Educators need a social and emotional assessment tool that delivers accurate results. There are a number of measures available to educators, but few are as immersed in research as the DESSA. The DESSA has been standardized and norm-referenced, and the strong reliability and validity of the measure demonstrate that it is an effective measure of the social and emotional competencies of K-8 students.
Rooted in Research The DESSA and the DESSA-mini are behavior rating scales for elementary school-age children (grades K-8). The tool can be completed by parents/guardians, teachers, out-of-school-time program staff, and staff at other child-serving agencies. Research has shown that the DESSA meets or exceeds the psychometric standards for reliability and validity put forth by the American Educational Research Association, the American Psychological Association, and the National Council on Measurement in Education. The DESSA was created from a strong academic basis. A team of researchers (including Paul LeBuffe, Valerie Shapiro, and Jack Naglieri) formulated the assessment based on scholarly literature surrounding social and emotional learning, positive youth development, and resilience. The researchers aligned the DESSA to the gold-standard SEL framework provided by CASEL. The tool measures CASEL’s five core competencies, and additional measures are included to provide the most actionable data and a holistic look at a child’s strengths and needs.
A Statistically Valid Sample The DESSA has been standardized to a national sample of teachers, parents, and educational staff. To assure educators that the instrument can be used with students nationwide; regardless of age, gender, or other factors; the developers of the DESSA applied statistical rigor in creating a normalized and standardized test sample of students. The student population included over 2,000 students from all 50 states of the U.S., and the Statistical Abstract of the United States 2008 was used as a benchmark to ensure a broad sample. The DESSA’s gender and racial distribution, as well as the geographic regions represented by the students, correlate to data on U.S. demographics. Additionally, researchers standardized the socioeconomic status of the children by referencing school lunch programs.
A Reliable Measure In creating the DESSA, researchers tested its reliability in a number of ways. Statistical analysis of internal reliability was conducted using the student sample mentioned above. The data was analyzed using Cronbach’s alpha, which confirmed that the DESSA demonstrates internal reliability. In order to show the DESSA is consistent regardless of its administration date, the research team measured the correlations between two DESSA assessments conducted at two different times. The results showed that the correlations, both for parents and teachers, gave strong support for the validity of the DESSA. Research was also conducted to demonstrate the DESSA is reliable when administered by different raters. This analysis was done to show that the DESSA produces a reliable picture of a child’s social and emotional state regardless of whether the assessment is completed by a teacher, counselor, or parent. The analysis confirmed that results are not significantly affected by the person who administers the assessment.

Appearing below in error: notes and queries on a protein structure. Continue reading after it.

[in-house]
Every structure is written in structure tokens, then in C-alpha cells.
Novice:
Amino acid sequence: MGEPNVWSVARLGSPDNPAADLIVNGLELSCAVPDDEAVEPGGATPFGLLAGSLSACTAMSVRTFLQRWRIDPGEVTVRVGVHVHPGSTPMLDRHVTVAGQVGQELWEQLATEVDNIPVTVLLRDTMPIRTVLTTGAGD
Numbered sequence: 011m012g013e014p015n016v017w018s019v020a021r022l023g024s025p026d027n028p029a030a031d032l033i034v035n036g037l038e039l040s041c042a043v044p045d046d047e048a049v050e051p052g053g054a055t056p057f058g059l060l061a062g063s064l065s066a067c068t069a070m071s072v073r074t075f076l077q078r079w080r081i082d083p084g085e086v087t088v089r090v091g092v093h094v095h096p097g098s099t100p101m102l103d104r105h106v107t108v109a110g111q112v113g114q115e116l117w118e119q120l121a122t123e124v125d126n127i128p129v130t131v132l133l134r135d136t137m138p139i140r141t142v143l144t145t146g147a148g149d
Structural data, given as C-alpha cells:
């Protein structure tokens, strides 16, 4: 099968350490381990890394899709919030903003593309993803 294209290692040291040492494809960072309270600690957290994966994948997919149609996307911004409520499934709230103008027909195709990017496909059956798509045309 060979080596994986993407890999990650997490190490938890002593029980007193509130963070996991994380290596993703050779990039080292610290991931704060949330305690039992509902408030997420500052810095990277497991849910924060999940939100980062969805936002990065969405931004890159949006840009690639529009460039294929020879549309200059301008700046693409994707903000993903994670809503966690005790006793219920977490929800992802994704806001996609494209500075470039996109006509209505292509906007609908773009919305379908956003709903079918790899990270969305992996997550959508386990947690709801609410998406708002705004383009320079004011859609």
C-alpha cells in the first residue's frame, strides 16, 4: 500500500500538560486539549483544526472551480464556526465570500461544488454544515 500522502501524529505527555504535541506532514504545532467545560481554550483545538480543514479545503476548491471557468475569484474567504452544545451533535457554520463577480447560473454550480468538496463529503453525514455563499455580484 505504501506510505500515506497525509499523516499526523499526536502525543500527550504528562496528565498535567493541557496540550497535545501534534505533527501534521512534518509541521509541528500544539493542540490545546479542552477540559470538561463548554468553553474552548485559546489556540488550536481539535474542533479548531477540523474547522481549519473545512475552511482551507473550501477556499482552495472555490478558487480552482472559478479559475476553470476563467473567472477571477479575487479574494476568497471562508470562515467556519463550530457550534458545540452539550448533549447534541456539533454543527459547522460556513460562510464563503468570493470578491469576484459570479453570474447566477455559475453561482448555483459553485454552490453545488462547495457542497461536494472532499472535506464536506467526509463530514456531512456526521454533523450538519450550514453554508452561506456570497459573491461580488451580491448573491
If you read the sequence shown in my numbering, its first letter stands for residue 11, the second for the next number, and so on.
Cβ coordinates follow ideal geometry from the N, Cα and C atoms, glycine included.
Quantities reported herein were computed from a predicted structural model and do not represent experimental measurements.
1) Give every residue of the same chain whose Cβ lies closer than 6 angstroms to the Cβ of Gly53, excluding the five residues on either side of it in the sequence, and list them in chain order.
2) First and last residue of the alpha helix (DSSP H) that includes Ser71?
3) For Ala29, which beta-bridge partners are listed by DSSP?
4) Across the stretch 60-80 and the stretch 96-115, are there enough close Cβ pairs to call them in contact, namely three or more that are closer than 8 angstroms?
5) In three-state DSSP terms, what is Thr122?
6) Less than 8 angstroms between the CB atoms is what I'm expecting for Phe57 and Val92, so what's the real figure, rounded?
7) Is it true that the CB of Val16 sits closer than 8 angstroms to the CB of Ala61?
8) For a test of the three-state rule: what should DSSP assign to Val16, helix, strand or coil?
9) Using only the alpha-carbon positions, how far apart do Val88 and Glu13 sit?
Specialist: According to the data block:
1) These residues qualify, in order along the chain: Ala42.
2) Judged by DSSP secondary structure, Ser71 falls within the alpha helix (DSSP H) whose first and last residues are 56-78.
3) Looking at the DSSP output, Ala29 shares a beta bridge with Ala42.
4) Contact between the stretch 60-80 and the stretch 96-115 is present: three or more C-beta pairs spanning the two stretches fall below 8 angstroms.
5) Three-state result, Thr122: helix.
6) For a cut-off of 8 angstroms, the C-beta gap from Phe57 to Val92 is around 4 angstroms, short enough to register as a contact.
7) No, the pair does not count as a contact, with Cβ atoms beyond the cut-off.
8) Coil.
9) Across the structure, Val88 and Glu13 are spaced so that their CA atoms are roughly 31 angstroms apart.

Strong Validity Besides the need for reliability, an assessment must also be valid. One way the researchers demonstrated validity was by comparing two dissimilar groups of students. The first group came from the standardization sample mentioned above, and the other was comprised of students who were identified as having emotional difficulties. It would be expected that the assessment would show the second group to have greater need for improvement in social and emotional competencies. The researchers’ statistical analysis found this to be the case, which indicates the DESSA has strong validity. Another study demonstrating the validity of the DESSA was conducted in 2009 by researchers Amanda Nickerson and Callen Fishman. Using other assessment tools (the BASC-2 and the BERS-2), researchers tested the DESSA and found that it exhibited both convergent and divergent validity. To effectively evaluate social and emotional competency of their students, educators need a social and emotional assessment tool that is both statistically reliable and valid. The DESSA is one of the few SEL assessments deeply rooted in research. Strong empirical evidence demonstrates the tool’s reliability and validity, which means it delivers accurate and reliable results.
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References Fleming, J.L., & LeBuffe, P.A. (2014). Measuring outcomes with the DESSA. Retrieved from https://apertureed.com/wp-content/uploads/2017/03/Measuring-DESSA-Outcomes-Guide-12.11.14-FINAL.pdf. LeBuffe, P. A., Shapiro, V. B., & Naglieri, J. A. (2014). The Devereux Student Strengths Assessment (DESSA): Assessment, technical manual, and user’s guide. Charlotte, NC: Aperture Education. (Original work published 2009). Nickerson, A.B., & Fishman, C. (2009). Convergent and divergent validity of the Devereux Student Strengths Assessment. School Psychology Quarterly, 24(1), 48-59.